In some common operating systems, including Windows, both the forward slash and backslash are reserved characters that cannot be used in filenames.

Yet sometimes one has a good reason to want to include such characters in a filename. What I currently do is replace all forward slashes with the string !fslash! and all backslashes with the string !bslash! when I want to indicate one of those characters in a filename.

Is there a better hack than what I am already doing?

2 Answers 2


If you do not need it to look like a slash, you can use a different substitution character.

If you want the character to actually look like a slash, you can use the division slash, unicode U+2215.

The best option for the backslash alternative is probably the double backslash character, unicode U+244A.

  • 3
    Just keep that this approach will likely confuse any other use trying to find a folder called like the first part of the file. Commented Apr 23, 2021 at 19:14

I'm thinking that making your hack vaguely compatible with existing solutions is more important than human convention, which you are obviously breaking anyway.

There are some common encodings which you might find easier to use because there are existing tools etc which can help you manage the conventions you choose, though of course there is no OS support for making it work reliably and transparently.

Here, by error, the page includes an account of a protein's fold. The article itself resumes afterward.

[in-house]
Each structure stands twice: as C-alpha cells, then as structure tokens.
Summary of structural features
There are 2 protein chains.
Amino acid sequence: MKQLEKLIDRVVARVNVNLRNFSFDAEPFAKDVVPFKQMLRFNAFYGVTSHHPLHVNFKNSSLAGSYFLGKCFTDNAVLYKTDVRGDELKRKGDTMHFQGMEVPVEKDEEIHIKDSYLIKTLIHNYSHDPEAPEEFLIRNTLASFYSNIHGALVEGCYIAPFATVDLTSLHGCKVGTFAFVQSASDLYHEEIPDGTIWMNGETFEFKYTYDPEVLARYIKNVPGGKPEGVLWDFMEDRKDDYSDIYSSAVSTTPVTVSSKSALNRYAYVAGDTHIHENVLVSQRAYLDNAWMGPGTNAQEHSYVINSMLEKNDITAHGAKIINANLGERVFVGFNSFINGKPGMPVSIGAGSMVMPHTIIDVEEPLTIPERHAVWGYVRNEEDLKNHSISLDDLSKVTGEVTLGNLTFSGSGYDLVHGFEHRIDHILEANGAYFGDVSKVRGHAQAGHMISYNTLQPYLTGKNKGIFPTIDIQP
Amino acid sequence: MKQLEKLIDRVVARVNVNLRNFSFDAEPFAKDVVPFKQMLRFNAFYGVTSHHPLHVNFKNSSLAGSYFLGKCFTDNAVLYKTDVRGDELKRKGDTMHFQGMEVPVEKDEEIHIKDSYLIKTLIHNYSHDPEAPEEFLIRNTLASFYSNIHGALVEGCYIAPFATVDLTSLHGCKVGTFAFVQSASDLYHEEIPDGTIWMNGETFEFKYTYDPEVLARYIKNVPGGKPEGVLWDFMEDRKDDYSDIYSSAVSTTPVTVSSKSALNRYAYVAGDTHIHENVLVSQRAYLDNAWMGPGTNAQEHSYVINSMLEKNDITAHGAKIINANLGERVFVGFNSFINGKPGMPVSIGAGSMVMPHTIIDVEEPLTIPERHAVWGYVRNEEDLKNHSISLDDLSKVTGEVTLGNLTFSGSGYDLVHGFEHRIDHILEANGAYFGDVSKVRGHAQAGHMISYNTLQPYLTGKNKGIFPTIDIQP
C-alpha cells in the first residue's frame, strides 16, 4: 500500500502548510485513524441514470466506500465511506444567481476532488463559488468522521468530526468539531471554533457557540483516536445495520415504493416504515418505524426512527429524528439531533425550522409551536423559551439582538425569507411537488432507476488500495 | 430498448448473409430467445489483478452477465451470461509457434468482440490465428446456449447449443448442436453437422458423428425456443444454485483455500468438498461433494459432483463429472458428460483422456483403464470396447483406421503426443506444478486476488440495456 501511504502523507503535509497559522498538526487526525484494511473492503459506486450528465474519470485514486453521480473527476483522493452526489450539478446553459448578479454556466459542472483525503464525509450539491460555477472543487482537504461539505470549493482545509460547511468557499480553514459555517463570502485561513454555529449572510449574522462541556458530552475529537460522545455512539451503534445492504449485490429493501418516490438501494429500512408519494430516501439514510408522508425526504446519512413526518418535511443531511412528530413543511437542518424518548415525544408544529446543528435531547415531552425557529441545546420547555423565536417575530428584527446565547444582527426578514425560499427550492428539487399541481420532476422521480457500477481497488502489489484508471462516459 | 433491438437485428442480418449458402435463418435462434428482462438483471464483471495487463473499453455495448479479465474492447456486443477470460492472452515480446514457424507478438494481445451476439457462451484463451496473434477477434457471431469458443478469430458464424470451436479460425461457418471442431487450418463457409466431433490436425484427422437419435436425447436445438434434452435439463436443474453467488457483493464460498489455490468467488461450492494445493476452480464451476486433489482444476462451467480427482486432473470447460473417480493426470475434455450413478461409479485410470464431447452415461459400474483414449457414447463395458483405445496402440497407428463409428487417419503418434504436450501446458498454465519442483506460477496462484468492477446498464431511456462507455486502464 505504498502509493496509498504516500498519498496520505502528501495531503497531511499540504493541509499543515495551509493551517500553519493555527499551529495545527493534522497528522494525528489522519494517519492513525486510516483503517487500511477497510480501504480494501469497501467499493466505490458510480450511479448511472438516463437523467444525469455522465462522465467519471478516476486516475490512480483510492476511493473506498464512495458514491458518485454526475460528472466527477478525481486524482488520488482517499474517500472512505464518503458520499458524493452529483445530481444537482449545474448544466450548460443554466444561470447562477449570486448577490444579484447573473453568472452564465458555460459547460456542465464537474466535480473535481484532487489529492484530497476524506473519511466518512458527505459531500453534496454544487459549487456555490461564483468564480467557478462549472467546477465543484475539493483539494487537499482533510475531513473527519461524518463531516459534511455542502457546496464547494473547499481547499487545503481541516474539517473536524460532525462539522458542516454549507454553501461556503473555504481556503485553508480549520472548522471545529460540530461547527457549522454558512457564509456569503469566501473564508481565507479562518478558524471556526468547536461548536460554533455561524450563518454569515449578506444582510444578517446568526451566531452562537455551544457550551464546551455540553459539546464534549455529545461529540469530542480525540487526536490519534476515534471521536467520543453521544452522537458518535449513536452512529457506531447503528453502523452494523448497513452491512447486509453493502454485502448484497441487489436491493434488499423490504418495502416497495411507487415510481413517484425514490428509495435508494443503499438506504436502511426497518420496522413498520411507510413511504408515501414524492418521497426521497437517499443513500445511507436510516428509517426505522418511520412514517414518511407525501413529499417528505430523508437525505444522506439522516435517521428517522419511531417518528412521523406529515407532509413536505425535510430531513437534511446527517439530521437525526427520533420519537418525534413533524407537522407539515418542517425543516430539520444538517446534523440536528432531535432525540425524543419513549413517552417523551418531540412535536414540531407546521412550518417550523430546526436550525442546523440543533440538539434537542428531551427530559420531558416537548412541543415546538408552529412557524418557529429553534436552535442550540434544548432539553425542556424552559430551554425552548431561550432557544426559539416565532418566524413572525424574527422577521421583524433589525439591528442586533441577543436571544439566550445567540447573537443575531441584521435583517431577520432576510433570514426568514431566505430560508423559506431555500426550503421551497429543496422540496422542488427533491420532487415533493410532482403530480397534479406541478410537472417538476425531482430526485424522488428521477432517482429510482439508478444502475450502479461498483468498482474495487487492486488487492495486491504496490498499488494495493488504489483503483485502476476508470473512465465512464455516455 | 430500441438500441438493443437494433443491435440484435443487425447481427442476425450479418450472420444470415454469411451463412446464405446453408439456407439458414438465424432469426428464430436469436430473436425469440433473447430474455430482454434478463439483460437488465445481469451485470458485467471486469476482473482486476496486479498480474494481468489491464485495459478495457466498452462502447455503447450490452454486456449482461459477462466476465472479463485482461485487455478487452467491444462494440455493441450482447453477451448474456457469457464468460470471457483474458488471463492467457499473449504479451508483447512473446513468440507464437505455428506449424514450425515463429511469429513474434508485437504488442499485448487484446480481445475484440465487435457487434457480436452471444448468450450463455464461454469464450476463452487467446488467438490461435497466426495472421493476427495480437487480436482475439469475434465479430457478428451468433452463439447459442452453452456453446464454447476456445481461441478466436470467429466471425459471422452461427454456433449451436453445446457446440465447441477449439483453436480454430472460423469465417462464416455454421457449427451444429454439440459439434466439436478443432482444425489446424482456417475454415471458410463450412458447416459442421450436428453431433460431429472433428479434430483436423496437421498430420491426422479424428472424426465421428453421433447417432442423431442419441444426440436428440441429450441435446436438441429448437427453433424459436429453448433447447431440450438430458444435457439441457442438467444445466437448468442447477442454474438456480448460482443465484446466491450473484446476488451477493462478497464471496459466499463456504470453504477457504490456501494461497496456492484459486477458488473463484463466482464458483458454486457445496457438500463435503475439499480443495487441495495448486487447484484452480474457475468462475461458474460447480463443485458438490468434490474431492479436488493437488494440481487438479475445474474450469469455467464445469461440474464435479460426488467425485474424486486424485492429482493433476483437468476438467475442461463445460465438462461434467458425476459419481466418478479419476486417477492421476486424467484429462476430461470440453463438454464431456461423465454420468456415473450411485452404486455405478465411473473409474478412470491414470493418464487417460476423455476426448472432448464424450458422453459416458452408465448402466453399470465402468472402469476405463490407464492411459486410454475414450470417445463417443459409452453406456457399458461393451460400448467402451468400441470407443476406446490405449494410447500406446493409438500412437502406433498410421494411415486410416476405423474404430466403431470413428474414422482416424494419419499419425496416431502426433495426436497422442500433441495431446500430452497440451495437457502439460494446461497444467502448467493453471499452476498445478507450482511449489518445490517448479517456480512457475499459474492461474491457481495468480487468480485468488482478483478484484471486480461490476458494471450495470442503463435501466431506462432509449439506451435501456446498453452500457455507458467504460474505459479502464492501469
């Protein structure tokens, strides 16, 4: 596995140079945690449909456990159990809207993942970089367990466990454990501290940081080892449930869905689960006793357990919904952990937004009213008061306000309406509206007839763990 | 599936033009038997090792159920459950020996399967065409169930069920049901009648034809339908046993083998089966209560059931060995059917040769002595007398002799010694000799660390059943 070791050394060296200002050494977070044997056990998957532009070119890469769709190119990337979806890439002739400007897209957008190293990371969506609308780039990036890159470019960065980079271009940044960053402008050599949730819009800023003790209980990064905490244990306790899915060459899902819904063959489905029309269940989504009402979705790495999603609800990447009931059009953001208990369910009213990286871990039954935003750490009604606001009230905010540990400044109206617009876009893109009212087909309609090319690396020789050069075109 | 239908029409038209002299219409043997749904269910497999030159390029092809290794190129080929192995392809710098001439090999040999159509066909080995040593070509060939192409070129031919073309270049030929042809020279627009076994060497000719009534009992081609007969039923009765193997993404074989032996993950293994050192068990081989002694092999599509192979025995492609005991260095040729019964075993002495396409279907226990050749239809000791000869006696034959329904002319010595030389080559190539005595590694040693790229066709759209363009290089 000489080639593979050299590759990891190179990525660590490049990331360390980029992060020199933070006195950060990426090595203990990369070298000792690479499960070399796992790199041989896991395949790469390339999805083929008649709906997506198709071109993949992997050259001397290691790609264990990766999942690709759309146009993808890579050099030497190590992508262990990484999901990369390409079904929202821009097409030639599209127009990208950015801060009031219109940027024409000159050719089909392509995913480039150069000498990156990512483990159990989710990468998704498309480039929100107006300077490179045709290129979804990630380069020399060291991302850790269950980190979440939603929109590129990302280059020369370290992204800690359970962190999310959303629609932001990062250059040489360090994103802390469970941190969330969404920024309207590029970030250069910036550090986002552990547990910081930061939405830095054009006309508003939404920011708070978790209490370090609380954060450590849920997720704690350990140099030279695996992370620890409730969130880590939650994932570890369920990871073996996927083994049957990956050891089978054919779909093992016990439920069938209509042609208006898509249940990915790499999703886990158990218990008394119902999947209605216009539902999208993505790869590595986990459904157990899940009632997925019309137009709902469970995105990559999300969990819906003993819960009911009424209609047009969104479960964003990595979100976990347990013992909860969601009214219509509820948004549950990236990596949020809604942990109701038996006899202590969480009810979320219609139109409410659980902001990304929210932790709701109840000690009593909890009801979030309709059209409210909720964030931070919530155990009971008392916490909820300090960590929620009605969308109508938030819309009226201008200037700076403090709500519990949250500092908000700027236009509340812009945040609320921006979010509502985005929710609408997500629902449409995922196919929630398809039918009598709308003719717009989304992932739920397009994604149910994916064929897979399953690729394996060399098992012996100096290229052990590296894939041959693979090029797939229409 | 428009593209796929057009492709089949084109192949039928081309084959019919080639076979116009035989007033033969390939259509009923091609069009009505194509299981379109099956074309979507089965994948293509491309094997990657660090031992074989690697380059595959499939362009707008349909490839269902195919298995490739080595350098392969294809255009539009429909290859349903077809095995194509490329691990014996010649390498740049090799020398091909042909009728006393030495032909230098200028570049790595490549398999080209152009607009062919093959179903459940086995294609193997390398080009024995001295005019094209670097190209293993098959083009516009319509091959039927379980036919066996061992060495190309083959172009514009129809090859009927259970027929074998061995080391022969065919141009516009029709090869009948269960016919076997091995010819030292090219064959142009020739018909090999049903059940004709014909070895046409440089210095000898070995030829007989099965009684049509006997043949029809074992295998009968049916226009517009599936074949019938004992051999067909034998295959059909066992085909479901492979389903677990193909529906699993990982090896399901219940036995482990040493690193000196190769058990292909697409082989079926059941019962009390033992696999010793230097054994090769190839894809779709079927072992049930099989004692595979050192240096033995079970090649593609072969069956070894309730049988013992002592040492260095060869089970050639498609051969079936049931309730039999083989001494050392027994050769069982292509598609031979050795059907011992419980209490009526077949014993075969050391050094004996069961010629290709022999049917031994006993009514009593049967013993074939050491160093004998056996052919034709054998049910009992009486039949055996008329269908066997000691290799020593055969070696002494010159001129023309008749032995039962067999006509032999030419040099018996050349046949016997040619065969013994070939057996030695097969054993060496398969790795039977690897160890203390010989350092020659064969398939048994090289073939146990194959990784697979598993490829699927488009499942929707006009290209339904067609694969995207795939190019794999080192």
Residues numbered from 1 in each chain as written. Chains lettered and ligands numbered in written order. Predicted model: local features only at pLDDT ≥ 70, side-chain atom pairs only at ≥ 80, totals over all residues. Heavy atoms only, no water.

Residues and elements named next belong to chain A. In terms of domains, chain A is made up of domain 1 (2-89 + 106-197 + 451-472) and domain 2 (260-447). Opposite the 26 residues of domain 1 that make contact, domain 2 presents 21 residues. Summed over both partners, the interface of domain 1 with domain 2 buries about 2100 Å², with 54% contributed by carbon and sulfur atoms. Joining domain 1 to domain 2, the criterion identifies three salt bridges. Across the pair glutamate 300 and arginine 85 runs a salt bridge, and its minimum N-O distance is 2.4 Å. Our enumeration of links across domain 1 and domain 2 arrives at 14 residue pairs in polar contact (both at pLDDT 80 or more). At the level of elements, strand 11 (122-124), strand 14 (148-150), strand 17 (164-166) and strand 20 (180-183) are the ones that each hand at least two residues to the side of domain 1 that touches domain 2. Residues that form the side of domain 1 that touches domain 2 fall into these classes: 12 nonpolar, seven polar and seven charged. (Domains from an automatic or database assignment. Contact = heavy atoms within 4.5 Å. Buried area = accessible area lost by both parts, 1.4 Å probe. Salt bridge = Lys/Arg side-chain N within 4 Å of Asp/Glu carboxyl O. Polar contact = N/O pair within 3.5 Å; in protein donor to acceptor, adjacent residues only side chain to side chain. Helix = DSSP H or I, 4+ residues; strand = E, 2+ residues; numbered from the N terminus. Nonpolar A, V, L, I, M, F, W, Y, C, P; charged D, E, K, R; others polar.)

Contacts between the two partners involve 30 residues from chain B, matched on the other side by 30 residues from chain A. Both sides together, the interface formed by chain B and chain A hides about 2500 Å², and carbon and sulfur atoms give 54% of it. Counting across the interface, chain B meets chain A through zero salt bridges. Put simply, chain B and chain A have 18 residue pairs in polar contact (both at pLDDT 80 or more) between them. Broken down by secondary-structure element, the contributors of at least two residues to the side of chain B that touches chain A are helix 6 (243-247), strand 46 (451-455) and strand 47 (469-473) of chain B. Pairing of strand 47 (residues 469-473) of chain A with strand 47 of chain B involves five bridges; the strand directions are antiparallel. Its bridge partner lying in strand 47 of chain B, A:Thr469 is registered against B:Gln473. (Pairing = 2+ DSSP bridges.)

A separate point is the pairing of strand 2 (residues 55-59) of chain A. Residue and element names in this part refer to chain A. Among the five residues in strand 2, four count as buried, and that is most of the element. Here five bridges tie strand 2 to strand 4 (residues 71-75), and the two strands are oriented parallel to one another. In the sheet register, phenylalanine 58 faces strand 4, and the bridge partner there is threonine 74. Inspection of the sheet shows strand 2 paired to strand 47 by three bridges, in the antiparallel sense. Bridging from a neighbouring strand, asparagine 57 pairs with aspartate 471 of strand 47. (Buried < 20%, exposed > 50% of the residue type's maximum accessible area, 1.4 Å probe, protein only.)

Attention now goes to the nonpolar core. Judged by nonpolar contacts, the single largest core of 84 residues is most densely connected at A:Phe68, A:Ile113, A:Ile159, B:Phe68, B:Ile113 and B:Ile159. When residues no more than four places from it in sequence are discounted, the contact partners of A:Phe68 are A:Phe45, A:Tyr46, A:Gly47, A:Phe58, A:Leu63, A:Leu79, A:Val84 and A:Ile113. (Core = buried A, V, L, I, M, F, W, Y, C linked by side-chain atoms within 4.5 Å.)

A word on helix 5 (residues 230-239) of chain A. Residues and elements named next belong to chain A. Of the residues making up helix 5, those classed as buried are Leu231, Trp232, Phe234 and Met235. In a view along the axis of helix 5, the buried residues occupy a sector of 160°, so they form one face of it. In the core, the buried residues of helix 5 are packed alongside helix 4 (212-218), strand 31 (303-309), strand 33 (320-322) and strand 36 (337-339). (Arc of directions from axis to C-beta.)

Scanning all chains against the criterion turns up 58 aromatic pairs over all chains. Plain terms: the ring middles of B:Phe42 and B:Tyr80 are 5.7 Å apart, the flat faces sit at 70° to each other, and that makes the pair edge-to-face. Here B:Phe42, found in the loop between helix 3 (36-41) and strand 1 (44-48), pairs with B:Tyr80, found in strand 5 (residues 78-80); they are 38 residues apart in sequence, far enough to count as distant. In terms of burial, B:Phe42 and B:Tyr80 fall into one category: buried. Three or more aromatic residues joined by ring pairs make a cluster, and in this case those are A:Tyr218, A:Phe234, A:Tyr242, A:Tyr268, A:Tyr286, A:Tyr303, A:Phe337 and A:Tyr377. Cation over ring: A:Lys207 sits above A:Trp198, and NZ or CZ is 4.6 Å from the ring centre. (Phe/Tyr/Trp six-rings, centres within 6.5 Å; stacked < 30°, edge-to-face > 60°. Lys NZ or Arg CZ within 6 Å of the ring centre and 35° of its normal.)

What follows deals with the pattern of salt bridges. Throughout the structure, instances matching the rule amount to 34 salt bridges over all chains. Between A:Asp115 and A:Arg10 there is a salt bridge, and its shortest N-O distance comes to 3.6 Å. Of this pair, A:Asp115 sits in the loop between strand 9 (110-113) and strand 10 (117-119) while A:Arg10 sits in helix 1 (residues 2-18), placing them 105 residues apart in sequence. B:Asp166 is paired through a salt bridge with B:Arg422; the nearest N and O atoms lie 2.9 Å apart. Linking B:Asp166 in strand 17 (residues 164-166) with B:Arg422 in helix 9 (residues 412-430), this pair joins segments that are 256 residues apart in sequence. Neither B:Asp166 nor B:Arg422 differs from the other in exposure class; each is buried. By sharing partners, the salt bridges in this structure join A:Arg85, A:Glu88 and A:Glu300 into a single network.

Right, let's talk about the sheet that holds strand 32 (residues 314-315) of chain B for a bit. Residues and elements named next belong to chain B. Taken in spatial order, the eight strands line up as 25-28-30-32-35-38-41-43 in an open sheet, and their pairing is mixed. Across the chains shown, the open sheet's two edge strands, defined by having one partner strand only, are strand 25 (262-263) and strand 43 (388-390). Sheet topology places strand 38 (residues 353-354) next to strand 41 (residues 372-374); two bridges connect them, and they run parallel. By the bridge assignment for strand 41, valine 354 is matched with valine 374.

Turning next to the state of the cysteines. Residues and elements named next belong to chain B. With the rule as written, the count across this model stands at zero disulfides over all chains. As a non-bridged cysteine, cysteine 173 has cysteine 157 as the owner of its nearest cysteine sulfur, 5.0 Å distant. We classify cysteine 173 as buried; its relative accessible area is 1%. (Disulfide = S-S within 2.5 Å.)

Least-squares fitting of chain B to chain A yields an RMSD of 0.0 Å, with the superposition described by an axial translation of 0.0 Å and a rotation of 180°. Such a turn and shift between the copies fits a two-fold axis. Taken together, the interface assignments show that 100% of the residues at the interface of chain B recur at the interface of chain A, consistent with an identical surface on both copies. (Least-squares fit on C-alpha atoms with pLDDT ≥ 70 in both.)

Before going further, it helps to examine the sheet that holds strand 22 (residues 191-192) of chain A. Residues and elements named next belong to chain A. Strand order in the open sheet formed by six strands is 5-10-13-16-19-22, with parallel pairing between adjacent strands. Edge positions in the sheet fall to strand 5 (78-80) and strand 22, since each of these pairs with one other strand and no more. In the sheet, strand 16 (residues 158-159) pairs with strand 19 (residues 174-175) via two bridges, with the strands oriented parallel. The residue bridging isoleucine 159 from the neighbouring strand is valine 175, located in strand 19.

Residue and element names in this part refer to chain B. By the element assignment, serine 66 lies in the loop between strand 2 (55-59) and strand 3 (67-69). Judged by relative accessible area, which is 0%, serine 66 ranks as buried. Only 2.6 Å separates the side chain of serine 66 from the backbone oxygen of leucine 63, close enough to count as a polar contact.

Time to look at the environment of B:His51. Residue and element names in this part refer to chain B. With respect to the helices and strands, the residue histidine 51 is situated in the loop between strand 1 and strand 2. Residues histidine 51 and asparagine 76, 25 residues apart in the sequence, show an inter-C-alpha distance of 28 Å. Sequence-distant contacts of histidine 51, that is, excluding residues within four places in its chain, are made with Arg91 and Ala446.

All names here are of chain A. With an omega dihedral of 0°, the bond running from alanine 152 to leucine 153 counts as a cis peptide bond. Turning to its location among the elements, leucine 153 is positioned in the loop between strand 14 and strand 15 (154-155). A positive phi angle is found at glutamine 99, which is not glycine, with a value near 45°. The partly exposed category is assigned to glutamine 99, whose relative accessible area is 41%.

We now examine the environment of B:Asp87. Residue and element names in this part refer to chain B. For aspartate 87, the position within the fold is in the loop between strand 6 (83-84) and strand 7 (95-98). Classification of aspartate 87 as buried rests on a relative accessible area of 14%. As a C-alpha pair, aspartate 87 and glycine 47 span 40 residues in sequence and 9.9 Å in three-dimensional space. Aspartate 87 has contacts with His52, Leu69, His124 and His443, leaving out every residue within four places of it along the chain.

• URLs have percent encoding; a literal per cent sign followed by two hex digits; so to represent "5/5%=0" you would end up with 5%2F5%25=0 (the literal per cent sign obviously also needs to be encoded)
  • Email (or more generally MIME) has quoted-printable encoding, which is quite similar, except the "magic" character is an equals sign. So to represent "5/5%=0" you would end up with 5=2F5%=3D0 (where obviously the literal equals sign needs to be encoded).
    • If you need to make it reasonably obvious what you are doing, at the expense of legibility and convenience, the email header RFC2047 encoding should look vaguely familiar to many computer-literate users; =?us-ascii?Q?5=2F5%=3D0?=
    • There is also a separate encoding for file names etc in RFC2231 but it's probably more complex than you like.
  • Many programming languages allow a notation like \uFEDC but the backslash is clearly cumbersome for other reasons. This is obviously restricted to Unicode strings (so you can't encode arbitrary sequences of bytes like you could with e.g. URL encoding like %88%88%88)

For your own ad-hoc convention, perhaps at least choose symbolic names which are used by other encodings, too; !solidus! for forward slash is obscure, but gets some support from various Unicode libraries etc (though !slash! would probably also work, as that is a synonym in many contexts); Unicode calls backslash REVERSE SOLIDUS but !backslash! could also work, and is a known synonym (see e.g. https://www.fileformat.info/info/unicode/char/5c/index.htm)

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